In 2007, a General Motors commercial airing during the Super Bowl made headlines when it showed an automobile assembly line robot throwing itself off a bridge after losing it’s job. While many were critical of the advertisement for its depiction of suicide, the commercial struck a chord with others for its portrayal of a very sympathetic and human-like robot.

It was a different characterization than what has been common in popular media where robots have often been depicted with sinister overtones. Many science fiction movies featuring robots often present a cautionary tale warning of the dangers of technological advancement. In the end, the robots always have one goal: destroy the human race.

These portrayals stoke fears that as technology advances, humans will lose their jobs and be replaced by robots. But the GM commercial showed something different, a world where benevolent robots work in tandem with humans. And it’s this depiction that has thus far proved closer to reality.

Rise of the cobots

The idea of robots and humans working collaboratively isn’t exactly a new concept. Robots have been operating in the manufacturing sector for decades, taking on repetitive or dangerous tasks like welding or painting. And in the automotive industry, companies like GM has long been using robots - like those seen in the 2007 commercial - on assembly lines.

But over the past decade, a new kind of collaborative robot has been seeing greater use across multiple industries. These relatively new innovations are being used in workplaces to help employees work more efficiently. As opposed to other robots, designed to operate autonomously or with limited guidance, these 'cobots' are made to physically interact with humans in a shared workspace.

According to a recent report by CB Insights, a machine intelligence platform, the cobots market is expected to grow to $10 billion over the next decade. A large portion of this growth will likely be a result of labor shortages in the manufacturing realm where industrial robots have long been utilized.

According to the CB report, 2.7 million skilled manufacturing laborers in the United States, are set to retire in the next decade.

A number of other industries are poised for influx of cobots as well. Here are three industries cobots are moving into next.


In September, the U.S. unemployment rate fell to 3.7%, a 48 year low. And as unemployment falls, a number of large ecommerce companies like Amazon have been struggling to find enough workers to fill openings at their labor centers.

Last year Amazon held a “Jobs Day” with the goal of receiving 50,000 job applications. Unfortunately, the company on received just 20,000 applications.

In anticipation of a possible labor shortage, Amazon purchased Kiva Systems, a mobile robotic fulfillment system manufacturer. Its robots are used in Amazon warehouses to retrieve portable storage units. When an order is placed, a software system sends information to the robots which retrieve the pods containing items and take them human workers for picking.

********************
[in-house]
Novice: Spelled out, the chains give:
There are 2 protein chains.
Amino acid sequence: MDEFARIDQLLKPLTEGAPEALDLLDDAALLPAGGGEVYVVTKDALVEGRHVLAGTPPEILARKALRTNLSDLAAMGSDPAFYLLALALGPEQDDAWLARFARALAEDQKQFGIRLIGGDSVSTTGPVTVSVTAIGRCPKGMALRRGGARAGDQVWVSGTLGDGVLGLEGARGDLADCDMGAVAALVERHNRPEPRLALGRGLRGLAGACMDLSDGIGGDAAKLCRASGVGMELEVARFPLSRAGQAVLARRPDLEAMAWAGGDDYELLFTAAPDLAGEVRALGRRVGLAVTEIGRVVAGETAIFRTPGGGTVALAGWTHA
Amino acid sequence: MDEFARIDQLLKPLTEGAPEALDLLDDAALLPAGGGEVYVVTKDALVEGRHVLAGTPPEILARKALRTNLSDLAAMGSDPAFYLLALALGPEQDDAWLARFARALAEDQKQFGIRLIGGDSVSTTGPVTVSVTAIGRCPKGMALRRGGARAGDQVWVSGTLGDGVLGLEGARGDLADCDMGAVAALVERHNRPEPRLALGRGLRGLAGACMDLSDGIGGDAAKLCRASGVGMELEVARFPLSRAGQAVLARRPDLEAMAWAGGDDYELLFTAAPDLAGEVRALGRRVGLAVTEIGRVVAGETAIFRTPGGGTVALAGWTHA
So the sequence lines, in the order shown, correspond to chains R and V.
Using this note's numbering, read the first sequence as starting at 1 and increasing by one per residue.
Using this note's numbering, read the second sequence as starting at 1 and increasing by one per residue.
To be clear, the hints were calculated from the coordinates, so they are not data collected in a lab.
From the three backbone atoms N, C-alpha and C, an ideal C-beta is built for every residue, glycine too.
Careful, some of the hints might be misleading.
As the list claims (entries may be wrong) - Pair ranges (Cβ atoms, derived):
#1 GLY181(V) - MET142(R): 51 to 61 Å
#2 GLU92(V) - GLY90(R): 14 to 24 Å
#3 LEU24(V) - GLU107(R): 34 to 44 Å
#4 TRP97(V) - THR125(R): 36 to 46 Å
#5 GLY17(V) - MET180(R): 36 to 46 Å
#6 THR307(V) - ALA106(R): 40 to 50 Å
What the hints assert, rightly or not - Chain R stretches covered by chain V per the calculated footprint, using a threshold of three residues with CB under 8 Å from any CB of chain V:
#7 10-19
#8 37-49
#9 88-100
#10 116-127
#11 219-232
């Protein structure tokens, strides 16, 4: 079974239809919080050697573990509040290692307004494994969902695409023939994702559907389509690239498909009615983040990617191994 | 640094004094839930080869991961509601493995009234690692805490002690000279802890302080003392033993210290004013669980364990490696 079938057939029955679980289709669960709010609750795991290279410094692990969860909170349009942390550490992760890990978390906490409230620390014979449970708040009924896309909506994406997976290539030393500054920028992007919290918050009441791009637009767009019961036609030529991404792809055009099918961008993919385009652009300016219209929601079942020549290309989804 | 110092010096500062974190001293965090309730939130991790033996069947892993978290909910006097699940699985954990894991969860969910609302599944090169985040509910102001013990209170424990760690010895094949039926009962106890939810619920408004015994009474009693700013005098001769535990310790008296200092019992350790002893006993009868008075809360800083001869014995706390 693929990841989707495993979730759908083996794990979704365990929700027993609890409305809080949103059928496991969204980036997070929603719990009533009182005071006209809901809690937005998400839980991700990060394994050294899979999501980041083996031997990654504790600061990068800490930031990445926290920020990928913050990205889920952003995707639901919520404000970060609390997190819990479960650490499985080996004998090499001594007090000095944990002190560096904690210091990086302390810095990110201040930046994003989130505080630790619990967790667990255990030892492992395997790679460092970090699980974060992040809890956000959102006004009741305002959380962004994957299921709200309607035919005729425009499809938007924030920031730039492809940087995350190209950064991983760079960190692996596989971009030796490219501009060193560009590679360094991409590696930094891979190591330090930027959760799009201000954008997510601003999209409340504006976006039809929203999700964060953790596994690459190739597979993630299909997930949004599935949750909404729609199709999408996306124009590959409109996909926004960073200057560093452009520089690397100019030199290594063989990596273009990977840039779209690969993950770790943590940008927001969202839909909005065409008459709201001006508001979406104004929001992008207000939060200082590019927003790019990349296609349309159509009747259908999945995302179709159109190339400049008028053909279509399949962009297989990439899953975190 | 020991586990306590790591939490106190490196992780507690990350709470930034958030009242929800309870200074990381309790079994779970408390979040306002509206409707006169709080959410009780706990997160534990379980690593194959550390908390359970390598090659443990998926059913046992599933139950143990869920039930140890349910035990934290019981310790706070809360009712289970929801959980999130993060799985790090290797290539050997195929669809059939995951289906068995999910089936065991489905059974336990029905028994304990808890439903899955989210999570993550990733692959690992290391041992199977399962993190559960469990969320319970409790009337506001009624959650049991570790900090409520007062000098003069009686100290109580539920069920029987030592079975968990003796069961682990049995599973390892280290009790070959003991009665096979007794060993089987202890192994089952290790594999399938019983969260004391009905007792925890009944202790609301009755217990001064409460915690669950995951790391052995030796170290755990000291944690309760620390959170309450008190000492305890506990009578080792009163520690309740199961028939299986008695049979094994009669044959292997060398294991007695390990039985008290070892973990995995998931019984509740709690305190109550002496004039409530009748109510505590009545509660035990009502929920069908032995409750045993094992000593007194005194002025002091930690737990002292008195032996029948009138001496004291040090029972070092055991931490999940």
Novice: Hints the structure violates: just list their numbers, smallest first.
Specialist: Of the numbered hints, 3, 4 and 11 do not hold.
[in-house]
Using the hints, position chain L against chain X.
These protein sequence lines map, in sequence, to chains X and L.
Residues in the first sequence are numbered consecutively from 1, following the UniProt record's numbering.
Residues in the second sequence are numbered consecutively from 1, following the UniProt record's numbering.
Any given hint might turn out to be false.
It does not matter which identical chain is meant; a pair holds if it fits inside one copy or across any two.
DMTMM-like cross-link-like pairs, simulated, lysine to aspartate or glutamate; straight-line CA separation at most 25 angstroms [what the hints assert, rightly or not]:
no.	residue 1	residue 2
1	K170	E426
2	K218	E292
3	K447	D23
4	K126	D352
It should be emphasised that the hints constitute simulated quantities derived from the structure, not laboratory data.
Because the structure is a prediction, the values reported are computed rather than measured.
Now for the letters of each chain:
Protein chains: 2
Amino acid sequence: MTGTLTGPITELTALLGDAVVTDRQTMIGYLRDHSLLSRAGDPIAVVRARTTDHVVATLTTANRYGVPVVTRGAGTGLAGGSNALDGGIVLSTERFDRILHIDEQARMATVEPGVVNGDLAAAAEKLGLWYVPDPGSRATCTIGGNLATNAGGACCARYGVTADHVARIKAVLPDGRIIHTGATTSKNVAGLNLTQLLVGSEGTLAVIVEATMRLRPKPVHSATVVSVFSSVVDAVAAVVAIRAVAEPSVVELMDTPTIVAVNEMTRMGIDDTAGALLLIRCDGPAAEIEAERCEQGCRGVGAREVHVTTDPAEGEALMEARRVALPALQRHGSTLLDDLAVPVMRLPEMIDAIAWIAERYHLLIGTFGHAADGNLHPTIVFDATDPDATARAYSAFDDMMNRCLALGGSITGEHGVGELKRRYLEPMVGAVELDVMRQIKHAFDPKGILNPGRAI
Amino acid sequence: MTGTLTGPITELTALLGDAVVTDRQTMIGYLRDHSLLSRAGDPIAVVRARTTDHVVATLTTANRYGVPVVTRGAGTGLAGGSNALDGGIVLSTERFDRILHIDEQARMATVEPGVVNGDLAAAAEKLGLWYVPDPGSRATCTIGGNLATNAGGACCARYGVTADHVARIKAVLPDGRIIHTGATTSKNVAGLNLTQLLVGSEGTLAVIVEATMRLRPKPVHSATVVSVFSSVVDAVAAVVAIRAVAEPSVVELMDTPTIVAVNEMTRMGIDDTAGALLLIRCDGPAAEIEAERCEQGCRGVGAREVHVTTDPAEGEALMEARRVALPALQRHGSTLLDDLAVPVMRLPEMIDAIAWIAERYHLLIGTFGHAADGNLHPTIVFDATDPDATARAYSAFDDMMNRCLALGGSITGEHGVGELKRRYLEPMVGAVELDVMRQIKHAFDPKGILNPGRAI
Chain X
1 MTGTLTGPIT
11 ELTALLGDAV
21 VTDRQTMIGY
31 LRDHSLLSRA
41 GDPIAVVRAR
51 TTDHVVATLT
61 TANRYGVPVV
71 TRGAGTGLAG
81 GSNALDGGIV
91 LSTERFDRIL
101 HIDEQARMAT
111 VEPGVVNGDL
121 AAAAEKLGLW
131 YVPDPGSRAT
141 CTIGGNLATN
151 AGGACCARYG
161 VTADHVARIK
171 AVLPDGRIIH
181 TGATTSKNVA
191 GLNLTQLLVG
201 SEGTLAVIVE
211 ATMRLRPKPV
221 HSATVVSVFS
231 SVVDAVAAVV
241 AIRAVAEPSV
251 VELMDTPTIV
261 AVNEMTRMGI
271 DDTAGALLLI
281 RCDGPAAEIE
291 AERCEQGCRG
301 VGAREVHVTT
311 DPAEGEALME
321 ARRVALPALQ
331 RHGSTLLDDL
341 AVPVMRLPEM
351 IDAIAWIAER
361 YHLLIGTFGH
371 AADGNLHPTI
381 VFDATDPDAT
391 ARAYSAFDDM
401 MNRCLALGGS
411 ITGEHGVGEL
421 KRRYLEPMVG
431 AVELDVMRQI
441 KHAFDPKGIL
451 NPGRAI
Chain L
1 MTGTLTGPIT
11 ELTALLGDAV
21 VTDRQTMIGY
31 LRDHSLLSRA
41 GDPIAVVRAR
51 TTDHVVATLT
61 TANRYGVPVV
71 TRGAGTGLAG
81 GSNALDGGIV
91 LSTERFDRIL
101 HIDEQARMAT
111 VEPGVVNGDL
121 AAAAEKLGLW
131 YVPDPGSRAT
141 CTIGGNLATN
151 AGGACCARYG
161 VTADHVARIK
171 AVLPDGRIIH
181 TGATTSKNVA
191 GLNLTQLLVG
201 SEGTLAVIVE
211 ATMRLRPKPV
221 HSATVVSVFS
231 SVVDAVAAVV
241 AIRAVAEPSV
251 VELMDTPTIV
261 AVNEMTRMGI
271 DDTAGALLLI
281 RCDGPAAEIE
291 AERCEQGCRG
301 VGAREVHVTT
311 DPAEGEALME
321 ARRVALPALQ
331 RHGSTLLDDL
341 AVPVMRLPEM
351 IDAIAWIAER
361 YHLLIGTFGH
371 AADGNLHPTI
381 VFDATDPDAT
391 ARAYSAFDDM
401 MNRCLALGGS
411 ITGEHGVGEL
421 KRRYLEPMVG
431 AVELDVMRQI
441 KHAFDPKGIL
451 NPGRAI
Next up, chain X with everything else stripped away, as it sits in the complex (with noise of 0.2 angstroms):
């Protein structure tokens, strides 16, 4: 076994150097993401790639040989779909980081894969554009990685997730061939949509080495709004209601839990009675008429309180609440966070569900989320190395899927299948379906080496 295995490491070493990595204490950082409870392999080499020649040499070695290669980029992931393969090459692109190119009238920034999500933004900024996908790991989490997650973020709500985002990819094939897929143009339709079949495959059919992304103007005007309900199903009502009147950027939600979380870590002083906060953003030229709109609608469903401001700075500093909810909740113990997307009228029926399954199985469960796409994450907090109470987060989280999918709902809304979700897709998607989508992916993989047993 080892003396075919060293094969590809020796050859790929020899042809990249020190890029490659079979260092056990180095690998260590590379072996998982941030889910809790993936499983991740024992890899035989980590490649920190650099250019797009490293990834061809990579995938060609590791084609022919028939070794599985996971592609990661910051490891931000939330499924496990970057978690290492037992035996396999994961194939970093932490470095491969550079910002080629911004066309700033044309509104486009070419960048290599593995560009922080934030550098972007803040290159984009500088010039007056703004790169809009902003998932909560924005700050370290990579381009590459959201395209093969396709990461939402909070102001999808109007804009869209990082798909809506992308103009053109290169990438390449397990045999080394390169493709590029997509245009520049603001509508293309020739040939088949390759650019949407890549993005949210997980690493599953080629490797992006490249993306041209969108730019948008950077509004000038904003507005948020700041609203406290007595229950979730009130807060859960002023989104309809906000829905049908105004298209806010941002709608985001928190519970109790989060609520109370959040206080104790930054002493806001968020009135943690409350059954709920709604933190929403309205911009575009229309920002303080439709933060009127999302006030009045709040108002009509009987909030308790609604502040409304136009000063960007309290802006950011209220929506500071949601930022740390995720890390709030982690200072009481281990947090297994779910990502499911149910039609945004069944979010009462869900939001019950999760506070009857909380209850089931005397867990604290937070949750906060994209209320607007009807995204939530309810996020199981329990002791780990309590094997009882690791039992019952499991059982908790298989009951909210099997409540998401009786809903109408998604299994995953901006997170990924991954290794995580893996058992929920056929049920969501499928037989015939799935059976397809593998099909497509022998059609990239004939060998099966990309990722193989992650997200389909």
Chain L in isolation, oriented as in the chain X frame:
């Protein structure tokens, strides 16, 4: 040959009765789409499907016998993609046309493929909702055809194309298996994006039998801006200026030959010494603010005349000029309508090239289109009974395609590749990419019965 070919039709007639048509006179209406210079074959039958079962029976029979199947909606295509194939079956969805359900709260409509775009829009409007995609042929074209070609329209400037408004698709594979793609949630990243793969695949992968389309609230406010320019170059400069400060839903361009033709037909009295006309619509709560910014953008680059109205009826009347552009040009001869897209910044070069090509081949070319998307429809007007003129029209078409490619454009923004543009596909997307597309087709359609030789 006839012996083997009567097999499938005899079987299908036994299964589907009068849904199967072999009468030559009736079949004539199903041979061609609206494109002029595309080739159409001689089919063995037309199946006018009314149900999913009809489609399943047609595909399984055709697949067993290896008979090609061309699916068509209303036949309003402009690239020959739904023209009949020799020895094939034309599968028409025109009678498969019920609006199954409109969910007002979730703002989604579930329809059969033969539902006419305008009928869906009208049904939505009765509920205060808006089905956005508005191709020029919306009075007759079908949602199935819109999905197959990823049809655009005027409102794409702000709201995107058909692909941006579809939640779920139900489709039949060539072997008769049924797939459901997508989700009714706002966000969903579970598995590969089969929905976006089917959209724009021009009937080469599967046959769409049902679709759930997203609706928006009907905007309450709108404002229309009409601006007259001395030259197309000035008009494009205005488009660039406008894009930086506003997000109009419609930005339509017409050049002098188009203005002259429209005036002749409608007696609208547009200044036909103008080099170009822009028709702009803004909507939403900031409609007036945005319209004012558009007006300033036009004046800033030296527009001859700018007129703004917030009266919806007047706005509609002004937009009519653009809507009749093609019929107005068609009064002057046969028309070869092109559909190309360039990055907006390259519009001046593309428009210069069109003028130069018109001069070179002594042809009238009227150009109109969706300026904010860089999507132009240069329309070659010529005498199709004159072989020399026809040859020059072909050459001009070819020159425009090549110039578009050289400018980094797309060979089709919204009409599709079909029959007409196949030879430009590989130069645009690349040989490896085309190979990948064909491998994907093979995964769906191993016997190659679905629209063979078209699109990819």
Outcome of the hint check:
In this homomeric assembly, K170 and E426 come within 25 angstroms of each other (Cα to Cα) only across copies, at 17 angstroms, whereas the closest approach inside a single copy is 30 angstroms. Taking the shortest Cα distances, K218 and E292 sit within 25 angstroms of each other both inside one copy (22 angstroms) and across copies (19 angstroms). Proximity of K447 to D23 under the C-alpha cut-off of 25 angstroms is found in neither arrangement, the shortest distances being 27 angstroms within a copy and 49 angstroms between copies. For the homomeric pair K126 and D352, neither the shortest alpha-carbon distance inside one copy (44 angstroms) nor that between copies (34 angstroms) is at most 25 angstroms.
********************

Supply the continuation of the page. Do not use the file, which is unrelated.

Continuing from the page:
Agriculture is another industry currently experiencing a labor shortage. According to the Western Growers association there is a 15-20% shortage of farmworkers. And as result of the United State’s new immigration policies, many believe the number of farmworkers will continue to decline.

The majority of larger farms already use automated farming equipment such as robotic arm pickers and self-driving tractors, but cobots are poised to give farmers more options.

Traditionally robots have been unable to handle some of the more intricate tasks associated with agriculture. This included tasks like picking delicate produce that would be easily crushed in robotic hands. But cobots are designed to be less heavy duty, more gentle and safer because they are made to work with humans. This means that as cobot technology advances, they will be able to take on more agricultural tasks.


While many have worried that new technology will lead to declining employment, a number of industries are actually experiencing shortages as a result of innovation. The food service industry currently sits at 6% unemployment, and many restaurants are turning to cobots to help fill gaps.

In March, a fast-food restaurant in California, CaliBurger, debuted a burger flipping robot. According to Caliburger management the restaurant struggled to hang on to short order cooks because the employees often quit after working a few weeks. The $100,000 robot, named Flippy, is capable of making 2,000 burgers per day and works in tandem with human employees who help construct the burgers.

Hopefully these developments will help ease fears that technology will put people out of work. While declining unemployment is certainly a positive achievement for the United States, it’s becoming clear that technology has become an important component in addressing workforce shortages.

Cobots will help employers maintain consistency in the face of shifting employment levels, while allowing employees to work more efficiently.

Photo by Franck V. on Unsplash.

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